Thirteenth Sunday afar Pentecost
Twenty-First Sunday in Ordinary Time
It is at the eucharistic table and in our liturgies that we likely most often encounter Jesus’s words in the gospel of John, that his flesh is true food, his blood true drink, and that when we eat and drink, we abide in him and he in us.
Perhaps we couldn’t be blamed then if such claims of Jesus slide down into the belly of our hearts with ease, like comfort food, filled with familiarity and fond association. For those who have lived this story long, we hear bread and think body, body and think bread – a mingling of symbols and referents that comes as a hard-won accomplishment of good formation.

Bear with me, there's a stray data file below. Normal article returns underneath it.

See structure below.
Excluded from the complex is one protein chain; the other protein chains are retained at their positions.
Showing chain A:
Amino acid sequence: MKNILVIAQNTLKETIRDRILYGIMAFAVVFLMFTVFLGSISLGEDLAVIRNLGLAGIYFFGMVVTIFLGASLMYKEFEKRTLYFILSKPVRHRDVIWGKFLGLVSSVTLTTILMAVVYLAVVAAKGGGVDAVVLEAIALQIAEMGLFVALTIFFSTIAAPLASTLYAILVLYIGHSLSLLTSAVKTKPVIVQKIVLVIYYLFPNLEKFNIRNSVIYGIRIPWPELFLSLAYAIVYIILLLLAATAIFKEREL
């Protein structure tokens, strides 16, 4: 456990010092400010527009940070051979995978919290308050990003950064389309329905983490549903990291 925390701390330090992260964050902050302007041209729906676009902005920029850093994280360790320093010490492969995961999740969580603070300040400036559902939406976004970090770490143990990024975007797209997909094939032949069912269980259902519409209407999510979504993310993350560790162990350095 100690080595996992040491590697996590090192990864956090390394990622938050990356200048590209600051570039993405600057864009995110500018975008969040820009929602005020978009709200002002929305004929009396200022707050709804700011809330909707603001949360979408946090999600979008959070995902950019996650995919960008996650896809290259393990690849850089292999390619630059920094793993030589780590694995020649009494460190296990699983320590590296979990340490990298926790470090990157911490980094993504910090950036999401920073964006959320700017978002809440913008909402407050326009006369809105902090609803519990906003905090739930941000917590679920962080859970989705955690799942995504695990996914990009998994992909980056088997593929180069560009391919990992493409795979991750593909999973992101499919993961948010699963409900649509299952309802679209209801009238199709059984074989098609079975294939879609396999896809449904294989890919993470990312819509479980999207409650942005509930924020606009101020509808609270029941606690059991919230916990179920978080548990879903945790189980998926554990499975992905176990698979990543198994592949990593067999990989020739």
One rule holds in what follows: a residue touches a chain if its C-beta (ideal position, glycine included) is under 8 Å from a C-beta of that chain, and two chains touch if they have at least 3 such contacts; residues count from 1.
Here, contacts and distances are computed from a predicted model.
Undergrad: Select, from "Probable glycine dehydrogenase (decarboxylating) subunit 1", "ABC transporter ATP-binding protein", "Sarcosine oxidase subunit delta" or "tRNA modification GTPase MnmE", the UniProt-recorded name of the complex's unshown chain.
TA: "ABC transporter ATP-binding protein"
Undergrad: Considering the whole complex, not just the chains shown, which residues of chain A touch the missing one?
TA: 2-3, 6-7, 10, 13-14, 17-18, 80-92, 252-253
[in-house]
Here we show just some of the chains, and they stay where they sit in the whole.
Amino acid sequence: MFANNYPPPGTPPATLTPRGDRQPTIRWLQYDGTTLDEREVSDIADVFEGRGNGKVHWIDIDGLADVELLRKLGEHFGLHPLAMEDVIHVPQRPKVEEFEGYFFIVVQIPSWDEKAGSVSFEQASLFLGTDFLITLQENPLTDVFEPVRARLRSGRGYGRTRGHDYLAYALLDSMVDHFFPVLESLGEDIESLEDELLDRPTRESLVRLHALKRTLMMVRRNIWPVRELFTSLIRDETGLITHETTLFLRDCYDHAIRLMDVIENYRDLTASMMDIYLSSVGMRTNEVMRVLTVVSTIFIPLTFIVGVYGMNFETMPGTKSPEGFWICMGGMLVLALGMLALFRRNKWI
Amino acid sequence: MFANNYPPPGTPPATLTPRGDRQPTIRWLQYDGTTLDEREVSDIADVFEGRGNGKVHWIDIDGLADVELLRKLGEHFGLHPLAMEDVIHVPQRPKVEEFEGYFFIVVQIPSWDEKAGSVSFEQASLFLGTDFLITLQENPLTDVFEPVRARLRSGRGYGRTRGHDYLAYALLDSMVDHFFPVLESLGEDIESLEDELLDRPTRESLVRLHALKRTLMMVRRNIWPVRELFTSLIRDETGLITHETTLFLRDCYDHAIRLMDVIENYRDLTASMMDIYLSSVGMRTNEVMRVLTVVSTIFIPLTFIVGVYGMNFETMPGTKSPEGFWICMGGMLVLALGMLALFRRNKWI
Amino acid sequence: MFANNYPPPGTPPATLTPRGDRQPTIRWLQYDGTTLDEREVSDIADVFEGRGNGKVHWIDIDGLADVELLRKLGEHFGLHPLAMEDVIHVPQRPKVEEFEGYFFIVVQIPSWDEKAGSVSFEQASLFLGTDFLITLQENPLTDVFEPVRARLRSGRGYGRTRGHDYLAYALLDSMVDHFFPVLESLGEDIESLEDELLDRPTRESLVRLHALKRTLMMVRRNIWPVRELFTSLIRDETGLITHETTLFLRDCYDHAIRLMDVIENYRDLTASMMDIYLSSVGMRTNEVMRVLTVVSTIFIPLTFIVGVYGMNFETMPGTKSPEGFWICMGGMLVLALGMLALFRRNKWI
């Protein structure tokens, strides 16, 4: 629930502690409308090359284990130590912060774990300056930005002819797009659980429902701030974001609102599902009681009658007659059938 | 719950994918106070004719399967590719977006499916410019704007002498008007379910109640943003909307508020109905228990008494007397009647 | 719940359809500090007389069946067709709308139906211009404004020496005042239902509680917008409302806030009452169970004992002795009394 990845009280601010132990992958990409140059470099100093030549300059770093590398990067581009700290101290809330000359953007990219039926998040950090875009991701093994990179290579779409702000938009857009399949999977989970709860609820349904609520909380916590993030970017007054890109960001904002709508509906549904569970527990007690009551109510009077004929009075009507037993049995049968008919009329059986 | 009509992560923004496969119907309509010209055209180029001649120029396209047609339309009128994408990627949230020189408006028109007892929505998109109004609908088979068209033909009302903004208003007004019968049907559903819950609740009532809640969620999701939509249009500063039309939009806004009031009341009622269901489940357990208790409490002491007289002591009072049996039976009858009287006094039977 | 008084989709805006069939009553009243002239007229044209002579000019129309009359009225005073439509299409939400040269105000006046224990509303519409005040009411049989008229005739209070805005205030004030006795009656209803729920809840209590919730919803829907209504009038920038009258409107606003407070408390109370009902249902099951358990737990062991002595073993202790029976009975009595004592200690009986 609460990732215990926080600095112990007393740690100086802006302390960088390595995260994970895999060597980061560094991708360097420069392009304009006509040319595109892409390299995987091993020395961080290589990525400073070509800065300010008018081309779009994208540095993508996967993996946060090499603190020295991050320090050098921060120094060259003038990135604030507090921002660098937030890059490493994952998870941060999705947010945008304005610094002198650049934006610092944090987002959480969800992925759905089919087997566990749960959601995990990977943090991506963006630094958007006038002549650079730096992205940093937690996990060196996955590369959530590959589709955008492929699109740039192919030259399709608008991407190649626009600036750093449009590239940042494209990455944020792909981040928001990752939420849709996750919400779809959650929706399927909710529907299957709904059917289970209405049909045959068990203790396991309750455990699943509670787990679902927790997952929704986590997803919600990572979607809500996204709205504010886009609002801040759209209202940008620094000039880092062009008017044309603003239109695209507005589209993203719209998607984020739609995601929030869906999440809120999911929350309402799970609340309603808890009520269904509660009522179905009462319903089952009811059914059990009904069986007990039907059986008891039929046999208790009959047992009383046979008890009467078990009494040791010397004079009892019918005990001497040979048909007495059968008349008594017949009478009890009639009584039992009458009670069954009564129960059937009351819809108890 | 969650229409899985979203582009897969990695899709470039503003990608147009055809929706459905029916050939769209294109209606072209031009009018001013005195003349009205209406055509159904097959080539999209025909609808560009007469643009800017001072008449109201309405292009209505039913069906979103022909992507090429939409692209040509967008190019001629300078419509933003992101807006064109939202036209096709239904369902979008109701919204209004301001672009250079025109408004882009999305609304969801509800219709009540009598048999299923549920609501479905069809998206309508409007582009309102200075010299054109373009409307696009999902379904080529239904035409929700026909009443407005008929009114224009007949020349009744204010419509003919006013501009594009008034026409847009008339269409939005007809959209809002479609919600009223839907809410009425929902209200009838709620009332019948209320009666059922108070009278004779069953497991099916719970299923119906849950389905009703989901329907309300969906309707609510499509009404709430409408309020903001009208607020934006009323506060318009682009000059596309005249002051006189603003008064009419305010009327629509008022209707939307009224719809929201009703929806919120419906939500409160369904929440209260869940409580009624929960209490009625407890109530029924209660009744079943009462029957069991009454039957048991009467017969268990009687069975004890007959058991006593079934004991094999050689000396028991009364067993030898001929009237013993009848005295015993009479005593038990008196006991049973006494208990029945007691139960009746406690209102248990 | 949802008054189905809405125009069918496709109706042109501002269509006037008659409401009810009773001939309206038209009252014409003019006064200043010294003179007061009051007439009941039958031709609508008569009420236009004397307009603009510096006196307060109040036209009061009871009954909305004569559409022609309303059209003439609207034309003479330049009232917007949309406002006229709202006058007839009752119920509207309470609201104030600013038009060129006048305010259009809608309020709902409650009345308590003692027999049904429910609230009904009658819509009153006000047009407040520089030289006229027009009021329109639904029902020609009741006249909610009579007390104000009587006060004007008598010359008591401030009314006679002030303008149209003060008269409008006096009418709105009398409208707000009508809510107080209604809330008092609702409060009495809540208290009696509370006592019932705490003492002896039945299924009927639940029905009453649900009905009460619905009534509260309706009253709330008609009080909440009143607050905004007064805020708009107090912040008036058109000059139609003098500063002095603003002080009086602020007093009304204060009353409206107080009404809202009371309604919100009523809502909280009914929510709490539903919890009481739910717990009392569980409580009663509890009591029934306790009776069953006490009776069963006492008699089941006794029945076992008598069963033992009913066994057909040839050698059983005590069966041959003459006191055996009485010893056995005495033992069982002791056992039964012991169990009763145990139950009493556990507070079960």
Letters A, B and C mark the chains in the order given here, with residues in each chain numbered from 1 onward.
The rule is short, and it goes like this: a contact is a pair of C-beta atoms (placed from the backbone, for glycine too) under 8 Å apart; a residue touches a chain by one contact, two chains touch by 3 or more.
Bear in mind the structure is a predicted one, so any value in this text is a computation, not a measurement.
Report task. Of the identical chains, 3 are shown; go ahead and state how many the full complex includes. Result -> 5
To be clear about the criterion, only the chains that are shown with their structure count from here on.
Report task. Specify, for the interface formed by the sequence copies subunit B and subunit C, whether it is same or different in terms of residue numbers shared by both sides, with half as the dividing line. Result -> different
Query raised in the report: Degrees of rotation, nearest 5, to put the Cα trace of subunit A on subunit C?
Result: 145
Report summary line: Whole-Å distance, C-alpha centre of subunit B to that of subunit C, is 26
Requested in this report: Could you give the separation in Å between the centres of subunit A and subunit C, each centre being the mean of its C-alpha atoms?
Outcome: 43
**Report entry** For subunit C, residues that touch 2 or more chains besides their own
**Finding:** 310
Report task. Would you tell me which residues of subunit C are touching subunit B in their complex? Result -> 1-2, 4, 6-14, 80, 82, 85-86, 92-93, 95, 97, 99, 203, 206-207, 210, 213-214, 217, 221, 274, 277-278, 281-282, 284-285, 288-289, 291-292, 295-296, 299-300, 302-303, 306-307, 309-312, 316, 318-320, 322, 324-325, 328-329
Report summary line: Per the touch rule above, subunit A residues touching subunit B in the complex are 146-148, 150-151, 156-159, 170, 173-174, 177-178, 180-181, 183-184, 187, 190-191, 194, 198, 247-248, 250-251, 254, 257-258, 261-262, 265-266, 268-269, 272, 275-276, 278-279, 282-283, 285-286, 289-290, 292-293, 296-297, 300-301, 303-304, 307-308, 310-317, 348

Add to our formations the distance most of us typically experience between our food and its source. The realities of eating the body of another being are somewhat muted by a food industry that does the hard work for us, and conveniently renames body and flesh as “meat.” To eat a body is a rather pedestrian act that the majority of us easily embrace without too much reflection.
Given our grasp on eucharistic symbols and our eating formations, perhaps it is then difficult to identify with the Jews’ disgusted question, “How can this man give us his flesh to eat?” (6:52) and Jesus’s disciples who ask, “This teaching is difficult; who can accept it?” (6:60)
As a child growing up on a small farm, where my family’s eating life was marked by considerably less distance between farmyard and table, it was not entirely unusual to sit down to a meal, and for one of my siblings or I to ask about the meat on our plates, “Who is this?” We hoped the answer would be no one we knew. Read more